Icarus is referenced in a framed picture on the wall on the first page of the text (p. 11).
In Greek mythology, Icarus (the Latin spelling, conventionally adopted in English; Ancient Greek Ἴκαρος, Íkaros, Etruscan: Vikare) is the son of the master craftsman Daedalus, the creator of the Labyrinth. Often depicted in art, Icarus and his father attempt to escape from Crete by means of wings that his father constructed from feathers and wax. Icarus' father warns him first of complacency and then of hubris, asking that he fly neither too low nor too high, so the sea's dampness would not clog his wings or the sun's heat melt them. Icarus ignored his father's instructions not to fly too close to the sun, when the wax in his wings melted and he fell into the sea. This tragic theme of failure at the hands of hubris contains similarities to that of Phaëthon. (Source: Wikipedia)
Jacob Peter Gowy's The flight of Icarus.
Fathers and Sons (Russian: Отцы и дети Ottsy i dety, IPA: [ɐˈtsɨ i ˈdʲetʲi]; archaic spelling Отцы и дѣти), also translated more literally as Fathers and Children, is an 1862 novel by Ivan Turgenev, and vies with A Nest of Gentlefolk for the repute of being his best novel. (Source: Wikipedia)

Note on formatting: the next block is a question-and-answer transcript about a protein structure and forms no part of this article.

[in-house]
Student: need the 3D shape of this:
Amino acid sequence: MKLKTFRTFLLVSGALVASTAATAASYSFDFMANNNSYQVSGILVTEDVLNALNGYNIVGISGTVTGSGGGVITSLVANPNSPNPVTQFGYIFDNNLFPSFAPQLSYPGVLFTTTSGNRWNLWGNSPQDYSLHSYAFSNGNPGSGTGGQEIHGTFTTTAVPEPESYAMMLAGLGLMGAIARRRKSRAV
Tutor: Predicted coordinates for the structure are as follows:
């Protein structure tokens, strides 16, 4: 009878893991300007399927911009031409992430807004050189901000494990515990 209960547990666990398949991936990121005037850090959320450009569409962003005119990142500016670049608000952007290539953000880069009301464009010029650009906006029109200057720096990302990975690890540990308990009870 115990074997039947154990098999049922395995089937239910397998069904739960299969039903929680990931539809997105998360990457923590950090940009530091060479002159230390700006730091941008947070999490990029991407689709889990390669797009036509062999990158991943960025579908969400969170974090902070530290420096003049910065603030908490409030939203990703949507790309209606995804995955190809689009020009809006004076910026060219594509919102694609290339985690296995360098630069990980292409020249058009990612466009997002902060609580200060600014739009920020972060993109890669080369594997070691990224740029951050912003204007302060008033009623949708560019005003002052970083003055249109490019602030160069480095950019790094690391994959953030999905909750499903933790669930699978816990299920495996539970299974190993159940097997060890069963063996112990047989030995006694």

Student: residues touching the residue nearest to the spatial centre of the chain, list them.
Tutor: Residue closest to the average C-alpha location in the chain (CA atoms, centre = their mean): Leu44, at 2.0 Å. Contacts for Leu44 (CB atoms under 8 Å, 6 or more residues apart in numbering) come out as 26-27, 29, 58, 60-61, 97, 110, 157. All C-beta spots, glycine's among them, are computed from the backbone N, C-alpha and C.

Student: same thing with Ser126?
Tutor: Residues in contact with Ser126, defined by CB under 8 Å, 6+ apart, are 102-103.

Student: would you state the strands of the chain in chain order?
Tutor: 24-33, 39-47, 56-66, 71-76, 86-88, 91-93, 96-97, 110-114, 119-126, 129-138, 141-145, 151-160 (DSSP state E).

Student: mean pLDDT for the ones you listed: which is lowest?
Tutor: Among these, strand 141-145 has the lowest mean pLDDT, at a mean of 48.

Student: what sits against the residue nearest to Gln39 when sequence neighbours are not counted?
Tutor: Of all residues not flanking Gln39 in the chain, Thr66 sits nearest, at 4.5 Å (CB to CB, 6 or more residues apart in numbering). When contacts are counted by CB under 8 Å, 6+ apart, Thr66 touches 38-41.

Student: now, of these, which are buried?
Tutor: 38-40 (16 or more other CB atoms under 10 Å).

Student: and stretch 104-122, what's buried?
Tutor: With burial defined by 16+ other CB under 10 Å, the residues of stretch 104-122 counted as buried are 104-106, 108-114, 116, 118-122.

Russell's grandfather, who was prime minister, sings "For he is an Englishman" from the comic opera by Gilbert and Sullivan, "H.M.S. Pinafore". Here are the lyrics to the song.
The world of modern theater owes its roots to the tragedians of Ancient Greece. As far back as the 5th Century BCE, actors and playwrights were entertaining the masses with intriguing stories. Melanie Sirof unveils the ancient theatrical innovations that made the way for Broadway.
The World Turtle (also referred to as the Cosmic Turtle, the World-Bearing Turtle, or the Divine Turtle) is a mytheme of a giant turtle (or tortoise) supporting or containing the world. The mytheme, which is similar to that of the World Elephant and World Serpent, occurs in Chinese mythology and the mythology of the Indigenous Peoples of the Americas. (Source: Wikipedia)
An 1876 drawing of the world supported on the backs of four elephants, themselves resting on the back of a turtle. (Source: Wikipedia)